08/06/2014 8:13AM

Jones makes it into Hall of Fame nearly two decades after retirement

Benoit & Associates
Two decades after his retirement from training, Gary Jones will go into the National Museum of Racing Hall of Fame.

In recent years, Gary Jones largely had abandoned the dream of being inducted into racing’s Hall of Fame. Each spring seemed to bring the disappointment that he had not been selected or did not appear on the ballot. Then his phone rang in April with the good news.

“I was totally flabbergasted,” Jones said last week. “I was in complete disbelief.”

The frustration of being overlooked in the past was replaced by the elation of being voted into the Hall of Fame, nearly 20 years after Jones retired from training.

Jones retired in 1996 at the age of 51 after a 22-year career highlighted by 1,465 wins. Jones, the son of trainer Farrell Jones, was a fixture in Southern California but ventured across the country with success. He trained Turkoman, the 1986 champion older male and the winner of that year’s Marlboro Cup at Belmont Park.

“That race was as big as the Breeders’ Cup,” Jones recalled.

Jones won two runnings of the Santa Anita Handicap with Best Pal in 1992 and with Stuka two years later. He won five training titles at the Oak Tree at Santa Anita meeting, four training titles at the Santa Anita winter-spring meeting, three at Hollywood Park, and two at Del Mar.

He left the game on his own terms, concerned about health issues, and turned the stable over to his son, Marty. Gary Jones quickly went from an ultra-active career to retirement, but then, he was prone to doing things to extremes as a trainer.

Jones sometimes started a morning at Hollywood Park watching a division of his stable, then zoomed across town to Santa Anita to catch the later sets in their training. Through those years, he was assisted by Rafael Becerra, now a trainer on his own in Southern California.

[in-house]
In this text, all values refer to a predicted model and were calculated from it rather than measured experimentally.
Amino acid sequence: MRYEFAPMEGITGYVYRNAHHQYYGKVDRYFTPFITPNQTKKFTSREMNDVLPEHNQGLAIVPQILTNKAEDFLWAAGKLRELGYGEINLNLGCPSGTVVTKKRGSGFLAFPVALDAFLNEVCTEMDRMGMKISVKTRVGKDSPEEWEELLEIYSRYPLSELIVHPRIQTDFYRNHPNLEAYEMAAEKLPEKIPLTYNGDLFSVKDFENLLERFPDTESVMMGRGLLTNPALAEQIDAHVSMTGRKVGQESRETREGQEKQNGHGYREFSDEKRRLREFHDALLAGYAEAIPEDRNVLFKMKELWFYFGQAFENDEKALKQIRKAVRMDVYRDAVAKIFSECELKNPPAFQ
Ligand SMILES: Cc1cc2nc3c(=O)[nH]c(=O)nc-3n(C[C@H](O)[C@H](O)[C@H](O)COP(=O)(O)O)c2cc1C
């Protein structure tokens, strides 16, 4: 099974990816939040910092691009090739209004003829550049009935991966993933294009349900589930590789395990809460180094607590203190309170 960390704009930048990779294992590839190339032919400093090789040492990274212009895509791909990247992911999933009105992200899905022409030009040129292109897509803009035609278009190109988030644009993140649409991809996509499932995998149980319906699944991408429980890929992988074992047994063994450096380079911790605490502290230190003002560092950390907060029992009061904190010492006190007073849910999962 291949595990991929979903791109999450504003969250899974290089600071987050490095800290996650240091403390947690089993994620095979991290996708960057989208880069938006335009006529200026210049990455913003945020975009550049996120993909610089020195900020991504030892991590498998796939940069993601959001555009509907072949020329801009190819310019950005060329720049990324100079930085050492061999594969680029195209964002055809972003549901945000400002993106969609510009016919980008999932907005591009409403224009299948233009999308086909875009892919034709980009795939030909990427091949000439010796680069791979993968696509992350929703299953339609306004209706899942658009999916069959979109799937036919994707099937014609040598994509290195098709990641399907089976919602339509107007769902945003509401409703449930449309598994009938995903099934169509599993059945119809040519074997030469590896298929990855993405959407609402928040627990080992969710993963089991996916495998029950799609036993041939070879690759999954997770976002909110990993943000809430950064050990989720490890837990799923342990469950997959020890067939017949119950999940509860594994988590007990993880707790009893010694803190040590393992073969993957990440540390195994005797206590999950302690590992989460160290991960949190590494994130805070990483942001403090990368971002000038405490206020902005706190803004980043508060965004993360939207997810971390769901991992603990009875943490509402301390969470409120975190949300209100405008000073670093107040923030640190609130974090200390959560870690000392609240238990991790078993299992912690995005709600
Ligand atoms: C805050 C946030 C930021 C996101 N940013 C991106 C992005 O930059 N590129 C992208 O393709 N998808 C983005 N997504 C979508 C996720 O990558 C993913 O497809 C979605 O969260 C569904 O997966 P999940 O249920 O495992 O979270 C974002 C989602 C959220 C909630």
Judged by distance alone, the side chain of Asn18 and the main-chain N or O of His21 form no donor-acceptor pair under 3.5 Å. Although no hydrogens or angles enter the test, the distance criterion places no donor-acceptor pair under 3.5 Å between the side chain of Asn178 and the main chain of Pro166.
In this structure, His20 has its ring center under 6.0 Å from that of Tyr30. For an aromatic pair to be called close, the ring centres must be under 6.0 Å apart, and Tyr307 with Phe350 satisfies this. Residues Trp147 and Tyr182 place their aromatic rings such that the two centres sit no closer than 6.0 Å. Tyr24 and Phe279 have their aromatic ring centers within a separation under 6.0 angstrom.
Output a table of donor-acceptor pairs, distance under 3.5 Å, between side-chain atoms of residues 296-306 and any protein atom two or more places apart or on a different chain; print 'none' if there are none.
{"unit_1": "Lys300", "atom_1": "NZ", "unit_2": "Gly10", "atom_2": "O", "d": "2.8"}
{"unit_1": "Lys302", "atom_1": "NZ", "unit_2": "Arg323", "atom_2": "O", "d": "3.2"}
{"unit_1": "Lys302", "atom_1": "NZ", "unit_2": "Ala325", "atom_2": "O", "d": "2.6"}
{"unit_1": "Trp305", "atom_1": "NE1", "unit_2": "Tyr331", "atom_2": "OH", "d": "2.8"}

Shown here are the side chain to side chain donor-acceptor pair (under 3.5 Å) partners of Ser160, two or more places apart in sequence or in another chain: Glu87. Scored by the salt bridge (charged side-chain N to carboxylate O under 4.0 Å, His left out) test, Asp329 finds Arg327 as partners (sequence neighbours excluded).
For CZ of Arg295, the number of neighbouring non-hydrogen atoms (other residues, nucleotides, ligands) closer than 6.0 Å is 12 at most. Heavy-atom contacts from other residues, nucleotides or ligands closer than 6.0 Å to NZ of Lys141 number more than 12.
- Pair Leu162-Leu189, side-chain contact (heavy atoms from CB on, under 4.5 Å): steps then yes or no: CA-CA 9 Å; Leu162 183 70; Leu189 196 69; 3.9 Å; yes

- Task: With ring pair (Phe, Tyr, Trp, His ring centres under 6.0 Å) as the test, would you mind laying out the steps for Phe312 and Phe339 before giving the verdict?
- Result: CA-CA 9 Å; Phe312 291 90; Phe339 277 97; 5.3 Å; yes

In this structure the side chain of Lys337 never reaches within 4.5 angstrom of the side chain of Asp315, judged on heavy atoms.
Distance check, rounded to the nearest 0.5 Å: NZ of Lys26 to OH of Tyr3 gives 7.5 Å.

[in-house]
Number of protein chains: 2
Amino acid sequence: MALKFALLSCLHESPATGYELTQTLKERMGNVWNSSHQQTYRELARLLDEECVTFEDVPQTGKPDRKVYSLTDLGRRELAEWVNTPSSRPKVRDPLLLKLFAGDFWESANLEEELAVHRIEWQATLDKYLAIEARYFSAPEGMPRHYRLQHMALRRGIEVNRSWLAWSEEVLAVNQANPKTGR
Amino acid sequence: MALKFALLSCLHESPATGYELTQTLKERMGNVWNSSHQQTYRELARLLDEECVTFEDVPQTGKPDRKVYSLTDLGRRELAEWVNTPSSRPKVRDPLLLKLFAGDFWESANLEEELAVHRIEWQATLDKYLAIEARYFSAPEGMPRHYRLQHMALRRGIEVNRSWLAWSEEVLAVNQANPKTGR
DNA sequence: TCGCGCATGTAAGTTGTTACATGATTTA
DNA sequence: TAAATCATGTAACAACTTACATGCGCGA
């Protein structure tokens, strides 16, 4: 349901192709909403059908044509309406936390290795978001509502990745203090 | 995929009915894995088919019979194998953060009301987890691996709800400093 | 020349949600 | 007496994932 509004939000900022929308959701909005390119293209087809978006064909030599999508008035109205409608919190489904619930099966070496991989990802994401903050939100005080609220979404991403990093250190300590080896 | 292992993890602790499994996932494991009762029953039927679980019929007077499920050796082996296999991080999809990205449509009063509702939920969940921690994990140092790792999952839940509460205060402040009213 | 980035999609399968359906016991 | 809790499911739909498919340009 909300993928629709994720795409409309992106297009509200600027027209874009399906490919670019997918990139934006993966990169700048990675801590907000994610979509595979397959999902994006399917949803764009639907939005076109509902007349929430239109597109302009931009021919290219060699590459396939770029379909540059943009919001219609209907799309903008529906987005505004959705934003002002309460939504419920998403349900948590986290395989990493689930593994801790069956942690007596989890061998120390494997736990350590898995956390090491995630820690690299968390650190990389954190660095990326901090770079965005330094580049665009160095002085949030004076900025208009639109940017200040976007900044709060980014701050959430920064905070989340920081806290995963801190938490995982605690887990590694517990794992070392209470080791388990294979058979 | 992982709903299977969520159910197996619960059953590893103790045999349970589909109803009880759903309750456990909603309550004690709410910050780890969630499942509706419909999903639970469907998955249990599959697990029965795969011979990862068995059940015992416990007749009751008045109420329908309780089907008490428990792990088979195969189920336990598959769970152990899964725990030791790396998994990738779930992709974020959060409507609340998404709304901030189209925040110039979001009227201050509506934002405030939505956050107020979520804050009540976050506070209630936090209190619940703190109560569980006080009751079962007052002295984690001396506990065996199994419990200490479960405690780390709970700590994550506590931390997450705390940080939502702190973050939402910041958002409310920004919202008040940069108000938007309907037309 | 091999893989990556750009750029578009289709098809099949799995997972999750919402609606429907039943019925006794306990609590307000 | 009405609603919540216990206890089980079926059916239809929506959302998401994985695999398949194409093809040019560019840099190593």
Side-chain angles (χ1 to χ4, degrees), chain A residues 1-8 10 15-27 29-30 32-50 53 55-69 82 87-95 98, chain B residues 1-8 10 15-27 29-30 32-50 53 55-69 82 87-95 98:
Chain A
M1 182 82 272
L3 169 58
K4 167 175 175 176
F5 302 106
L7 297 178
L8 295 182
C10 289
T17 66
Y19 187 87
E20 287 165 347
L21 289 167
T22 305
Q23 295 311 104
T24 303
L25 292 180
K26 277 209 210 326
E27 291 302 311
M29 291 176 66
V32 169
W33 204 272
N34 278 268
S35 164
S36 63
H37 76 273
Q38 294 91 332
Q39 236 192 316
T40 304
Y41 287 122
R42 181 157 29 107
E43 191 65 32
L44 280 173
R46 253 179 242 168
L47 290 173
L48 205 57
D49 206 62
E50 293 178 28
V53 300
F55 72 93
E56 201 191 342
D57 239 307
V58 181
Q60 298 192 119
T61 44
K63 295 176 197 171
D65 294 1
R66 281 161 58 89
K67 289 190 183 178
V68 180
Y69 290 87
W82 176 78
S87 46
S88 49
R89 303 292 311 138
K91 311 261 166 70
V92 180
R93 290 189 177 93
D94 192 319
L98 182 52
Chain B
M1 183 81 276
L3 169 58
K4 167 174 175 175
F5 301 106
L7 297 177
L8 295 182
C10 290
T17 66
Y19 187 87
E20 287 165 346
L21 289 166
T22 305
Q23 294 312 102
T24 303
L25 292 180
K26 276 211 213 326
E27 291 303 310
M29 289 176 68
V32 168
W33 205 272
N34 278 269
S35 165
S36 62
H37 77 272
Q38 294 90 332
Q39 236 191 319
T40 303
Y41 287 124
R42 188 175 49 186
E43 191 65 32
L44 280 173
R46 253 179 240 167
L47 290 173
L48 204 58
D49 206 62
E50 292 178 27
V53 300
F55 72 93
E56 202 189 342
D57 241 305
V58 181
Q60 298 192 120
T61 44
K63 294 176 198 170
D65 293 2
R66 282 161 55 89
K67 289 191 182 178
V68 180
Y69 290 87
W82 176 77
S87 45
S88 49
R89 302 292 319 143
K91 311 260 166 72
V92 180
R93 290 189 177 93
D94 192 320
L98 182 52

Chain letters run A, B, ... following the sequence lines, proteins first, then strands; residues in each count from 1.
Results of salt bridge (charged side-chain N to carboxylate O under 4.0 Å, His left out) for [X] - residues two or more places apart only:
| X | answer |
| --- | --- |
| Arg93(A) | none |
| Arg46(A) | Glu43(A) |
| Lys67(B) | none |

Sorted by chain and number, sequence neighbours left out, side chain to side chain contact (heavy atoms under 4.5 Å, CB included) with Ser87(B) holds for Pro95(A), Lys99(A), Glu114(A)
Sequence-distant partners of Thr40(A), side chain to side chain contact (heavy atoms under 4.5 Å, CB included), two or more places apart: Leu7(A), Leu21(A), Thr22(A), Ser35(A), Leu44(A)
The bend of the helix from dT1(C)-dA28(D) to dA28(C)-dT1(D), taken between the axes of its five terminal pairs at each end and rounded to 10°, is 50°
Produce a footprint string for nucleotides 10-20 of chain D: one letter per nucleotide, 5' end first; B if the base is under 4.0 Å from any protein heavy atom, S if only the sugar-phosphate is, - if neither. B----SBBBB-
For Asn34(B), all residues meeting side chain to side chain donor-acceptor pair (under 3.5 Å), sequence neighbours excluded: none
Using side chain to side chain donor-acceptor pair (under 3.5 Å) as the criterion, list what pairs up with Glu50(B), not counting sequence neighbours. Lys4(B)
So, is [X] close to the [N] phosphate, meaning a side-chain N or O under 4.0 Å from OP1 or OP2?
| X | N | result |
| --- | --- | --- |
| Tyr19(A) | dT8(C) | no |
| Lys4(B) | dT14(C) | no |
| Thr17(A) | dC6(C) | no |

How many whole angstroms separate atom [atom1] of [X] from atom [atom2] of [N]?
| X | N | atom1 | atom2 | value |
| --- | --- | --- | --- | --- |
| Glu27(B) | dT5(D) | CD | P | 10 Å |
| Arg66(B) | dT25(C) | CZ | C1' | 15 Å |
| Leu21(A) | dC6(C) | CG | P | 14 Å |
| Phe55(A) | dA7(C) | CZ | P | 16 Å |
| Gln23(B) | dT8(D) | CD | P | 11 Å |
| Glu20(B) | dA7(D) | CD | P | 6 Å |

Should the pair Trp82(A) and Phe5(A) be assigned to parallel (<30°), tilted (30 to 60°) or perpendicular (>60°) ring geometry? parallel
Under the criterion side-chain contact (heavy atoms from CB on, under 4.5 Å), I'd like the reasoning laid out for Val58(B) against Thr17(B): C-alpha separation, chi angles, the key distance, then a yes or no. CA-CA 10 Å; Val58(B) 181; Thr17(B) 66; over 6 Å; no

“I wouldn’t be in the Hall of Fame without him,” Jones said.

Many of his favorite racing memories involve Best Pal, the popular gelding of the early 1990s. Jones trained Best Pal to wins in the first Pacific Classic in 1991 and the Hollywood Gold Cup in 1993.

Jones is quick to say he retired on his terms, seeking to avoid the late-career decline some older trainers face, particularly those with difficulty retaining clients.

“I said, ‘No,’ ” he recalled. “ ‘I’m not going to do it that way. I won’t be humiliated.’ ”

Jones does not have an active role in racing today but remains close to the sport. Marty, 42, has a stable based at Del Mar and Los Alamitos this summer. The father and son speak frequently. Gary Jones says he always follows racing on television and the Internet when he is not a visitor to the races at Del Mar.

Jones had homes in the Los Angeles area and Del Mar in the late 1990s but quickly migrated to the oceanfront community at Del Mar when he had the chance.

“We bought a place down here, and we came down once a week,” he said. “Then, it was twice a week. Pretty soon, I said, ‘I’m done.’ ”

Jones thought the Hall of Fame was done with him until this year. Friday is a day to celebrate that career.